This is why our product has evolved from what was a pretty straightforward porting platform to a complete mobile asset management workflow adaptation platform. It brings the best of the asset management platforms that are out there - there are lots of companies talking about digital asset management for everything from email files to keeping track of all your logos for the marketing department to the media world. We bring those strengths, as well as bringing all this mobile knowledge. They start looking at it and different companies see different benefits because it's become such a broad offering, if you will. We're certainly seeing more movement and more interest from the companies that we've mentioned based on the breadth of our product suite.

MobileIndustry You recently announced a number of major upgrades to the Product Suite itself - can you talk us through some of those?
Wayne Seifried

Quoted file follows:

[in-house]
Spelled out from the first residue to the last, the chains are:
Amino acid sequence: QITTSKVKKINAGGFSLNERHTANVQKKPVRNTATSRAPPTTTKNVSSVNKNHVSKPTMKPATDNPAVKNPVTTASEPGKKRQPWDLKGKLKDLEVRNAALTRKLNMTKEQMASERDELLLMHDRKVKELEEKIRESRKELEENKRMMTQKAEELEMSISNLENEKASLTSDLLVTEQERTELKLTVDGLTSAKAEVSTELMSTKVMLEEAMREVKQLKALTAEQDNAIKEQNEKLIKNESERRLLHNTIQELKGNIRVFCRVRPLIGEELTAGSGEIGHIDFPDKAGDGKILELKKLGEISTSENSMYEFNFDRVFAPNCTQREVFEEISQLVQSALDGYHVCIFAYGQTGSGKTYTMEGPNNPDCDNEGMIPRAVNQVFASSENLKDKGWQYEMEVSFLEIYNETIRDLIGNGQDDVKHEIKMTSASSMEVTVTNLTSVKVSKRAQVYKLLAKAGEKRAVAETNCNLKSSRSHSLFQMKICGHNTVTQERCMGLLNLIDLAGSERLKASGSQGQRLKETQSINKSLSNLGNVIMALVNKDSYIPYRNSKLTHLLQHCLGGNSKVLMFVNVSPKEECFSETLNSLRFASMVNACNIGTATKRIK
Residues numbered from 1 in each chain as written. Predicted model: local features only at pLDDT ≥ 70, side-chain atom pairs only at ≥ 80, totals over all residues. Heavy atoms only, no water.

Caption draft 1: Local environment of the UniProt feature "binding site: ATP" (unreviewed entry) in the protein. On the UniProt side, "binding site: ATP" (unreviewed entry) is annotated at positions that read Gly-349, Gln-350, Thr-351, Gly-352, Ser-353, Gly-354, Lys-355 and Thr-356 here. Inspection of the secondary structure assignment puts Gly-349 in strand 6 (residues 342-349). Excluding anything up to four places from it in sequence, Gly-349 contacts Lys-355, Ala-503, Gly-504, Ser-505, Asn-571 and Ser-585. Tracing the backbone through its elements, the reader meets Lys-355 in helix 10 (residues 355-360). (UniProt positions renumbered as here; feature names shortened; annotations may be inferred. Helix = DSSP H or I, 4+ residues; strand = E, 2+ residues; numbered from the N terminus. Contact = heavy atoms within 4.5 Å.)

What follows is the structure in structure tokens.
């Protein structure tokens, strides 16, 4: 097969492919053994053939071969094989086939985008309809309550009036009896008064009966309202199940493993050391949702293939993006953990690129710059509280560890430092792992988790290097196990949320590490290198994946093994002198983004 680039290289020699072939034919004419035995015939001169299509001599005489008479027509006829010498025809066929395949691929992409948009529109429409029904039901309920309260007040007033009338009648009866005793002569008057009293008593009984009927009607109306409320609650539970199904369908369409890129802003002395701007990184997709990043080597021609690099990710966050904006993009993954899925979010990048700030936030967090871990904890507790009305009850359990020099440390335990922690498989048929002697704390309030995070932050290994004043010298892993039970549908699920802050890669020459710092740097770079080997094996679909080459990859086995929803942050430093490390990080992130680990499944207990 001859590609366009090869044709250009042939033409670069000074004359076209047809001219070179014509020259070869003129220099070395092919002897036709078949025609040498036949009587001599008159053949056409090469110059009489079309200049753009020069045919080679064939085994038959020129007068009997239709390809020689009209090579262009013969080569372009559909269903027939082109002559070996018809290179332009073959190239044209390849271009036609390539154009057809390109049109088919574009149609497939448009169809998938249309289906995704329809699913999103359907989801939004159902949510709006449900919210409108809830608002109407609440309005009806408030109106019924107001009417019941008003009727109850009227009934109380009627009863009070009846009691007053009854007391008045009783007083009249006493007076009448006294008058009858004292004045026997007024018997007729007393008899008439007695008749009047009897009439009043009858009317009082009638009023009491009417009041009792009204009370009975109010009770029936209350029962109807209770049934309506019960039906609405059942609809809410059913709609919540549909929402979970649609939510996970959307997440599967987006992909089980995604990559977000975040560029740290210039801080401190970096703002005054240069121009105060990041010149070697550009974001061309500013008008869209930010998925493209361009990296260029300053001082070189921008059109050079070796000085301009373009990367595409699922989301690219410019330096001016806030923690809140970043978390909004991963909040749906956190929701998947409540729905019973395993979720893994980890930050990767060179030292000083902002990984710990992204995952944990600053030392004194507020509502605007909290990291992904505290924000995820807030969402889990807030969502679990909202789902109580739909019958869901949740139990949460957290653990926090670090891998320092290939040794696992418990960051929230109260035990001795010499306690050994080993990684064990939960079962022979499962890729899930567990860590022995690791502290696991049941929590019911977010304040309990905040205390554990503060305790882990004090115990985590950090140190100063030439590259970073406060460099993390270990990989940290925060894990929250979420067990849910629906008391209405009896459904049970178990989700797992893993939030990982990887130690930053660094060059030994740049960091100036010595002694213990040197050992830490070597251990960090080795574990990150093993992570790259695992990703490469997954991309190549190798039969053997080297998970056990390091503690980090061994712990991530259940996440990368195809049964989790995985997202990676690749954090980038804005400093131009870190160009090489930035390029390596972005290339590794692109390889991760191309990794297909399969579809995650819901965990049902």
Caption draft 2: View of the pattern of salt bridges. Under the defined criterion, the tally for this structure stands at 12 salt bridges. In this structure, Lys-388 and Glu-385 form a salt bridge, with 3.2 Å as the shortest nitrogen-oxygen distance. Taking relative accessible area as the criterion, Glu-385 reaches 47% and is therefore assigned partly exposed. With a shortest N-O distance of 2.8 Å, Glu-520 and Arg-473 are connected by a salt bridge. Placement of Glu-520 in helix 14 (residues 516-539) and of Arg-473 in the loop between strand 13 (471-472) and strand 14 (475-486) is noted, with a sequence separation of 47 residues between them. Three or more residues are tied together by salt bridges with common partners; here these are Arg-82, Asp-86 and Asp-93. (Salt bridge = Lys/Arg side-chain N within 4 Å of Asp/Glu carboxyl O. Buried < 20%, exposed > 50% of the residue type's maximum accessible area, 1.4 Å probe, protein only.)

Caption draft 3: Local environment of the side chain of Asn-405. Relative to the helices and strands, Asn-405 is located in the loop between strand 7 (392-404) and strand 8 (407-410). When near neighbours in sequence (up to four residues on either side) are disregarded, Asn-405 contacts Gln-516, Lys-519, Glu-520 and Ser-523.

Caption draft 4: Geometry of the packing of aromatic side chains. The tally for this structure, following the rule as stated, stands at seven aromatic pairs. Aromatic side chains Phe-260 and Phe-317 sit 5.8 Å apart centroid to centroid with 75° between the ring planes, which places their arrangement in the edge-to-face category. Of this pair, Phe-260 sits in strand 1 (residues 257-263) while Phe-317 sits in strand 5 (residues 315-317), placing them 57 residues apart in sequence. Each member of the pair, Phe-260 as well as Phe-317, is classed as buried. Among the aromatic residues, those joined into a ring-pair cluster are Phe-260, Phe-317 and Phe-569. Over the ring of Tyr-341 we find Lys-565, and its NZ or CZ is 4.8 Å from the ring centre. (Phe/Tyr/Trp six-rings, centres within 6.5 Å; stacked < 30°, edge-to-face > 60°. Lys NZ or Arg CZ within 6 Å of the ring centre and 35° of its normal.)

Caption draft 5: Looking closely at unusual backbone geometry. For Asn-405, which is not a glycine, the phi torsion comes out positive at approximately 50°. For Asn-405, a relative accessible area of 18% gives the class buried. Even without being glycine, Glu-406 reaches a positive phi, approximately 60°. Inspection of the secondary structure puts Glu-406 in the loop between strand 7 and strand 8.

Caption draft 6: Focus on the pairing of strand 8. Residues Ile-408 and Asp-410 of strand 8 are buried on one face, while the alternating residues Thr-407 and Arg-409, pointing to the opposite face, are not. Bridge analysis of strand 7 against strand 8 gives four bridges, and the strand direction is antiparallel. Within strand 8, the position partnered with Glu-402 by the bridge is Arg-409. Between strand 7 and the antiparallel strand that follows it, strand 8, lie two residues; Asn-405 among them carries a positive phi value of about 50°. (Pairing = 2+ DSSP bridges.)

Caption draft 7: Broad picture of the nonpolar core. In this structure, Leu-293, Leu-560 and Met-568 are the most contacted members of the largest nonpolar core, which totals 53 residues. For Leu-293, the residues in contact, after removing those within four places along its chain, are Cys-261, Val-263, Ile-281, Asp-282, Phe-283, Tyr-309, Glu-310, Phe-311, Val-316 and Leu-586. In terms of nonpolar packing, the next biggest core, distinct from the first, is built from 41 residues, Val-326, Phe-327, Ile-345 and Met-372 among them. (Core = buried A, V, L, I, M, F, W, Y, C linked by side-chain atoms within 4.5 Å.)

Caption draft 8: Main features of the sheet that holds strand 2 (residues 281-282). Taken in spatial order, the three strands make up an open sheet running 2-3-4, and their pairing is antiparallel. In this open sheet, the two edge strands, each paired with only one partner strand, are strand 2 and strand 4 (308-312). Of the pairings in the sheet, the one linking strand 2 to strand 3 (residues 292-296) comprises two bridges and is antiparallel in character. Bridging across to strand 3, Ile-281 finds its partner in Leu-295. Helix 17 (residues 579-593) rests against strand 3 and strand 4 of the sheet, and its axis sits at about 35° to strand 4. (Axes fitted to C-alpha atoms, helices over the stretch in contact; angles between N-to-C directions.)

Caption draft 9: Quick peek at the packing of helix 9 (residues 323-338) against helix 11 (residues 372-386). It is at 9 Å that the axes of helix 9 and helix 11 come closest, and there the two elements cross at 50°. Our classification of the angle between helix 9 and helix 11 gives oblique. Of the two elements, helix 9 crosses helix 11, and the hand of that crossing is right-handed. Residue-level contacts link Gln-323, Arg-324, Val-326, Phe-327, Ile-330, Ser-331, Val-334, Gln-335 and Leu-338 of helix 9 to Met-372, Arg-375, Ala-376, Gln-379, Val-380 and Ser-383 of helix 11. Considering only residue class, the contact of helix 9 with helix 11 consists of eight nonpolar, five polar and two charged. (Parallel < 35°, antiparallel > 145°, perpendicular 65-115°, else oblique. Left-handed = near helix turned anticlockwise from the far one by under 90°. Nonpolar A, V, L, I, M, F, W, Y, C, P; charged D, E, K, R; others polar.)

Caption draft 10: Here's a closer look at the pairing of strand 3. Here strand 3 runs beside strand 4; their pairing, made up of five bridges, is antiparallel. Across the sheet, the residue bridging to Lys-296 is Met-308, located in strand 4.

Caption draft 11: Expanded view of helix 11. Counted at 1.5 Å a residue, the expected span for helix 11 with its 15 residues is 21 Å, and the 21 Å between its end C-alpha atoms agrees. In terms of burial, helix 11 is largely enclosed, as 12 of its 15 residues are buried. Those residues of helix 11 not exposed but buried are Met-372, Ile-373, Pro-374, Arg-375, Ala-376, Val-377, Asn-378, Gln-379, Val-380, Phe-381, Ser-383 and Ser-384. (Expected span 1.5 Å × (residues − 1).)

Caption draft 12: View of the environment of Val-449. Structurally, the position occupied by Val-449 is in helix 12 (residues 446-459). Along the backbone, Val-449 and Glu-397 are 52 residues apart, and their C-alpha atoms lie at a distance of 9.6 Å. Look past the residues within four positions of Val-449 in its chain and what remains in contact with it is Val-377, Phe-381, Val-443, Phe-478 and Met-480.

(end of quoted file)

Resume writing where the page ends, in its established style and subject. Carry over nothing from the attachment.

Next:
We've come out with an updated version of the product suite; we've included a couple of new servers - there's an automated verification server, which allows them to automatically check for compliance and is very efficient. The first 40 tests you would od in a QA process can now automatically and it will spit out a report.

Then there's the over-the-air server - the integration of that is a significant help again in the testing. You can test so far using the emulators on your PC which you have built into the product, but eventually you want to download it to that device - so now, without leaving the screen, the porting engineer can push the application or the game to an OTA server and trigger a download onto their device. It's just about efficiency, again.